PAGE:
Neighbors nervous after cougar attacks horses north of Sedro-Woolley

A cougar attack July 22 left one horse dead and four others injured north of Sedro-Woolley, Washington.
A cougar attack July 22 left one horse dead and four others injured north of Sedro-Woolley, Washington. Courtesy to The Bellingham Herald

A recent cougar attack that left one horse dead and four others injured has some neighbors in a community north of Sedro-Woolley uneasy about having children and pets outdoors.

A state Department of Fish & Wildlife officer responded to a call about 6 p.m. July 22 regarding a suspected cougar attack on horses near the intersection of Gripp and Mosier roads, about 2 miles north of Sedro-Woolley.

Fish & Wildlife officer Shawnn Vincent said it was apparent from examining scratches on the horses that a cougar had been present, although no witnesses saw the attack.

It was determined that the horse that died had a heart attack during the chase, Vincent said.

Cougar attacks are uncommon in Skagit County. The last reported incident was in January north of Bow at the base of Blanchard Mountain.

Sally Houghton, who lives about a half-mile from the site of the recent attack, said she was surprised to hear of the incident in an area she considers densely populated for a rural community.

“We’re not in the mountains,” she said.

Houghton said she will no longer allow her dogs to wander on her 40-acre property and wants her neighbors to also take precautions.

“People shouldn’t have their kids out playing in the yard when a whole herd of horses was attacked,” she said.

To avoid conflicts with cougars, Fish & Wildlife recommends not leaving children unattended outdoors, keeping pets inside at night, not feeding pets or wildlife outside, keeping livestock in secure pens, securing garbage to avoid attracting small animals that may be prey for cougars and keeping walkways well lit.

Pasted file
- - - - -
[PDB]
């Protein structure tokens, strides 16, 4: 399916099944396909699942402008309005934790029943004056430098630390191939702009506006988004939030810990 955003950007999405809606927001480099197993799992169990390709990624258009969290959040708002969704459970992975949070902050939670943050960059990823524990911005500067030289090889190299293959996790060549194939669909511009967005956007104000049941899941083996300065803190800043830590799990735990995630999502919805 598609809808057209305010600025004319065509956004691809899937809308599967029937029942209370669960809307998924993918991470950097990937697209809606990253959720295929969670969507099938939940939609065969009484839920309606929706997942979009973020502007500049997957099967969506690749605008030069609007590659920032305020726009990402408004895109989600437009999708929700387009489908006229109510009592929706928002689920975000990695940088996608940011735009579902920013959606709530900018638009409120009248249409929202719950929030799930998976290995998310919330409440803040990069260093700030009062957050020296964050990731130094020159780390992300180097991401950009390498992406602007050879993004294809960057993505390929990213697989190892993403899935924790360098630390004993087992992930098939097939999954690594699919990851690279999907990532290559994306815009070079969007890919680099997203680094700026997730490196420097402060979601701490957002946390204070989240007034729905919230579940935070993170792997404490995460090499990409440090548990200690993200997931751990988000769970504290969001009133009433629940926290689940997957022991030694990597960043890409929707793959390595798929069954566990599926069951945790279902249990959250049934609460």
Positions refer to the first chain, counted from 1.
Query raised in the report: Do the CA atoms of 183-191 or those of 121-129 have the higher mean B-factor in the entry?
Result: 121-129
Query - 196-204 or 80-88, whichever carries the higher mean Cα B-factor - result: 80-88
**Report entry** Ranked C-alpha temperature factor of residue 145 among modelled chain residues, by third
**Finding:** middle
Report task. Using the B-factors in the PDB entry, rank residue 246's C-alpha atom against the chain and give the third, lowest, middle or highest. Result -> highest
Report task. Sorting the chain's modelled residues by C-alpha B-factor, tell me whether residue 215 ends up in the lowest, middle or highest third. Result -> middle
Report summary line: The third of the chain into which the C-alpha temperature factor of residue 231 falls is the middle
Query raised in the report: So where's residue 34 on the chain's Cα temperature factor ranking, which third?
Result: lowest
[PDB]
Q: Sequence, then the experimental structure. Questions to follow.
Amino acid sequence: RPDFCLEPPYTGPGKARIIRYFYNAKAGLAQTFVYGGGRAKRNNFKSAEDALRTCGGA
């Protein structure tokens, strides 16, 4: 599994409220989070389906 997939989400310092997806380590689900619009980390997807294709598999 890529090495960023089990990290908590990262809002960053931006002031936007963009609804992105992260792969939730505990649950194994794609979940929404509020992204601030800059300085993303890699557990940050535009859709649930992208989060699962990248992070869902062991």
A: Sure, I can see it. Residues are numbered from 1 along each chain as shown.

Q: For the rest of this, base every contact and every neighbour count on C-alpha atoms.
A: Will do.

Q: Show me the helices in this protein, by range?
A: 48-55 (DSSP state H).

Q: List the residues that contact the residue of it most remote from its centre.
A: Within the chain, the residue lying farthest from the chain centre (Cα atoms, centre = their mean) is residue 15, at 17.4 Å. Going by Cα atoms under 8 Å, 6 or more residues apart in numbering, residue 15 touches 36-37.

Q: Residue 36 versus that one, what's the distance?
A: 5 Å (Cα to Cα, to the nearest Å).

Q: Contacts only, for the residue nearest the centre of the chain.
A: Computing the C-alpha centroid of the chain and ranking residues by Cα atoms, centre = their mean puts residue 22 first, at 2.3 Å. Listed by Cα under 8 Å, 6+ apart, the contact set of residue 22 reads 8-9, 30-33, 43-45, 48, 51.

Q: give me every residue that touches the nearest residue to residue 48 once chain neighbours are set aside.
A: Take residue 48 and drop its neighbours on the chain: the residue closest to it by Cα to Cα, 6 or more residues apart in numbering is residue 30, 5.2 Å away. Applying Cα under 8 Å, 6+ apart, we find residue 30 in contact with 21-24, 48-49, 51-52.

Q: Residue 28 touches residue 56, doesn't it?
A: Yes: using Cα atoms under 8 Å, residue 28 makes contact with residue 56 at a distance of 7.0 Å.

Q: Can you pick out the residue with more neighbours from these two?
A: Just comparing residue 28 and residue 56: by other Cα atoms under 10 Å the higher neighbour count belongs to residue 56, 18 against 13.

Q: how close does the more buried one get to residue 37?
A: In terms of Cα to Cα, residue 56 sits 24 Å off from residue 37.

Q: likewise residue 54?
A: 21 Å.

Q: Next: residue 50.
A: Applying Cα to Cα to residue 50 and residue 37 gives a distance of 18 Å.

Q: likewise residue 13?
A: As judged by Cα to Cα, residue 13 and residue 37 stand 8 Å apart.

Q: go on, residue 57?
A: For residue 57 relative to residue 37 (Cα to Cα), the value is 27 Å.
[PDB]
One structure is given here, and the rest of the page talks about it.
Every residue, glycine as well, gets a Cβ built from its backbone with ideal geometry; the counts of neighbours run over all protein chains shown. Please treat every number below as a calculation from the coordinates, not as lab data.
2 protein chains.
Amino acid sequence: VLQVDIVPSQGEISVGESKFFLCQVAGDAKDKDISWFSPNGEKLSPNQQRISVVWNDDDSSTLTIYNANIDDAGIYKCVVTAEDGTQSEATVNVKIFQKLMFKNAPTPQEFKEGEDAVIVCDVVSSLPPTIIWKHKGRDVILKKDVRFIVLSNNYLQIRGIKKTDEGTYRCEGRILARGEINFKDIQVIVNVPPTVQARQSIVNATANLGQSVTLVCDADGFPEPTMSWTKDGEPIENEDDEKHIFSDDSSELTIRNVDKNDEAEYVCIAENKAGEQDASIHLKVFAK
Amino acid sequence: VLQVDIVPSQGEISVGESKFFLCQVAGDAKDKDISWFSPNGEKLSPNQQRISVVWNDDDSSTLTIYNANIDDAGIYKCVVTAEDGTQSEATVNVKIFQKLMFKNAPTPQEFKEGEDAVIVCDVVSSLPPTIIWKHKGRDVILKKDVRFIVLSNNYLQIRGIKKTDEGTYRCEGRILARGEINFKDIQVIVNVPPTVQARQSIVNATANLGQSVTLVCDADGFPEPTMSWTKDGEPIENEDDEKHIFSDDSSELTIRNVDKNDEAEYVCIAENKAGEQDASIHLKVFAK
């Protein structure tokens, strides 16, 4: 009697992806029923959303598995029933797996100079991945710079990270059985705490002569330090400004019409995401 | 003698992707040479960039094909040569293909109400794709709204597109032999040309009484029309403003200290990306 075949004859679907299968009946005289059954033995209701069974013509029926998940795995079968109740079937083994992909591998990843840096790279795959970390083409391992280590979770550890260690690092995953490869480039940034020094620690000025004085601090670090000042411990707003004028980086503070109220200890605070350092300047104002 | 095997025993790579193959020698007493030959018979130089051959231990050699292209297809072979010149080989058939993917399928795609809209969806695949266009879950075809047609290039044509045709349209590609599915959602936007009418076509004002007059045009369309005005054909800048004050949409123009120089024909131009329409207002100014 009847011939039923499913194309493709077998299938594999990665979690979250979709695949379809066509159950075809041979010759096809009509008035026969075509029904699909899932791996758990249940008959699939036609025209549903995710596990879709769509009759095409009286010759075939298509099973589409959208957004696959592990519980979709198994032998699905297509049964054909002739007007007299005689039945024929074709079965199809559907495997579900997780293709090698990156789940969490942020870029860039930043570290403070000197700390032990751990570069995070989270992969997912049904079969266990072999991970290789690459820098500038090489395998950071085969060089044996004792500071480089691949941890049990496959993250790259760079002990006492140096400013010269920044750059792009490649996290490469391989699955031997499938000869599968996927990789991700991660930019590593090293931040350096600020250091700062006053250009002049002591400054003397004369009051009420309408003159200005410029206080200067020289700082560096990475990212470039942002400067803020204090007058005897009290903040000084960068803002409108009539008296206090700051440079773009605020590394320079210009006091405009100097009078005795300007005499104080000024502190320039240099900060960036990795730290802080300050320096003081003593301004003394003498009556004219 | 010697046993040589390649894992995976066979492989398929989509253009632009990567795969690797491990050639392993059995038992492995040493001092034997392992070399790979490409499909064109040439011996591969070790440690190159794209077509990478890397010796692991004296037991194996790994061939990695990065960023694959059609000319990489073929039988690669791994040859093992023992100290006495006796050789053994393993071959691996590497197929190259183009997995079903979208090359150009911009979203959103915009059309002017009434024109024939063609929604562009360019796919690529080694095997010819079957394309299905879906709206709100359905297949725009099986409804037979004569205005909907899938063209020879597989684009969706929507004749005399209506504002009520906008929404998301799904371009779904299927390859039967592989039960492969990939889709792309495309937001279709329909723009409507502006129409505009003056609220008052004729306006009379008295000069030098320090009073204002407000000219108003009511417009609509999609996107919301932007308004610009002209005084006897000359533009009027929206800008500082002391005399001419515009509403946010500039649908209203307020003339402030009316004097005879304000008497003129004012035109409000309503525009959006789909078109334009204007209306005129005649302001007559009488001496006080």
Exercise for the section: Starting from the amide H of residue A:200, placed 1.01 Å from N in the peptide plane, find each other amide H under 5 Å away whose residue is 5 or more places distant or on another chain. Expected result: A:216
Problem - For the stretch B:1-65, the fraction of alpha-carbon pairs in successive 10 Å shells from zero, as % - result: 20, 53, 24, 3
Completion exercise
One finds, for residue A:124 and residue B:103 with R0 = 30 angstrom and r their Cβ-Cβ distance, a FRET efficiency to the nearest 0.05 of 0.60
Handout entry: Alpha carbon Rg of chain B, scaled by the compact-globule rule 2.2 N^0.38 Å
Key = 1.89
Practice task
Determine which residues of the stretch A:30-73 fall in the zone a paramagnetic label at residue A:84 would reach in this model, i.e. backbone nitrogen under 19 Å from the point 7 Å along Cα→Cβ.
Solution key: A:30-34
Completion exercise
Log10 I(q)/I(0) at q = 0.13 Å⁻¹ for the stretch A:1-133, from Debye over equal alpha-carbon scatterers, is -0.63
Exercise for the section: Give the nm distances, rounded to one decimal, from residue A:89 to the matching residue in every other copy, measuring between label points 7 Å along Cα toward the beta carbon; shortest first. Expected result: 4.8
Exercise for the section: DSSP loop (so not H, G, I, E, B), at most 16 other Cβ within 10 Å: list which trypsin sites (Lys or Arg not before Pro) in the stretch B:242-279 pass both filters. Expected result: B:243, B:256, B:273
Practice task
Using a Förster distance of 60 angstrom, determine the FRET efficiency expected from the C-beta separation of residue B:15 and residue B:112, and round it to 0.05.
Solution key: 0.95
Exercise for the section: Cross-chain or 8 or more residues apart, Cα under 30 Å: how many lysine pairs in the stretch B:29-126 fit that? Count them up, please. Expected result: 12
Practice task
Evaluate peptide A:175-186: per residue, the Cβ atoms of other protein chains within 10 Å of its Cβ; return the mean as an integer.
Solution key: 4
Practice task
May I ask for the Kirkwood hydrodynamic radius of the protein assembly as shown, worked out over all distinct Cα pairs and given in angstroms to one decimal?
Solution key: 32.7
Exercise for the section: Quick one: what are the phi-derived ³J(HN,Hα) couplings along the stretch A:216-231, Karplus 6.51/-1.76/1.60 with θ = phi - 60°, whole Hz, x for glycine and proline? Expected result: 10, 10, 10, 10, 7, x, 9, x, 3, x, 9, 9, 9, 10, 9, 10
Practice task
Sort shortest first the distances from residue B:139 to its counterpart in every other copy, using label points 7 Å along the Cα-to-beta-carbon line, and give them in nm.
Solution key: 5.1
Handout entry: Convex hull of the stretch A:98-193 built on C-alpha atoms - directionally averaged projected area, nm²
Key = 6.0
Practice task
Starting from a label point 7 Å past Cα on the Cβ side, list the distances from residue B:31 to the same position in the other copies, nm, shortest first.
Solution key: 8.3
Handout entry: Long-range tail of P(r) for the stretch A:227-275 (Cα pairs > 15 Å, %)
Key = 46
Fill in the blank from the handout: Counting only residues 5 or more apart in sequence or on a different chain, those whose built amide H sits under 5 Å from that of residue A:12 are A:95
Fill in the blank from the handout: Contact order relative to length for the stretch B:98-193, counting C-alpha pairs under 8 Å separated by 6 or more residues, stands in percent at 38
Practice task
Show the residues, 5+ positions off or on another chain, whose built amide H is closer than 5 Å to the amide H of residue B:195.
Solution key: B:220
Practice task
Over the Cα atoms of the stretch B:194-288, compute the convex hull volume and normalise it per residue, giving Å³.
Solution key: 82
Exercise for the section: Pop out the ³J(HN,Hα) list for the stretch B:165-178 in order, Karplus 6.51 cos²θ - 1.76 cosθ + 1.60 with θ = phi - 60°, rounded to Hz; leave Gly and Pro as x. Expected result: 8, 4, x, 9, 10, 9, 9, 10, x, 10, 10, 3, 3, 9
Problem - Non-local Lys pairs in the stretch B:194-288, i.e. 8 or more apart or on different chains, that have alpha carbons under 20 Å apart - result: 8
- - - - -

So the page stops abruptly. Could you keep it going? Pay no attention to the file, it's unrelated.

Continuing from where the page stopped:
When there are conflicts with cougars, Fish & Wildlife tries to catch the animals in order to relocate or euthanize them depending on the behavior of the animal.

The agency urges those who feel threatened by a cougar, see a cougar chasing domestic animals or find evidence of a potential attack to call 911 and get a Fish & Wildlife officer on scene if possible.

In the Gripp and Mosier road incident, the resident was not home at the time of the attack – estimated to have occurred between 9 a.m. and noon – and therefore did not report it until several hours later, Vincent said.

“Usually when you get into a large incident like this with so many animals, like these horses, injured … putting (a cougar) down is something we would definitely consider,” he said. “Unfortunately we weren’t able to track this cougar down.”

It’s likely the cougar has moved on to a less densely populated area and, like many predators this time of year, is pursuing young deer, Vincent said.

Vincent said the cougar attack on the horses is a reminder that animals such as cougars, coyotes, bobcats and bears live in the North Cascades and surrounding areas.

In the January incident, officers confirmed a cougar was the likely culprit in the death of a sheep, but the predator was not located, Vincent said.

Report wildlife

Call 911 to report emergency situations with dangerous wildlife. To file a non-emergency complaint about dangerous wildlife, call 1-877-933-9847. For more information, visit wdfw.wa.gov/living/cougars.html.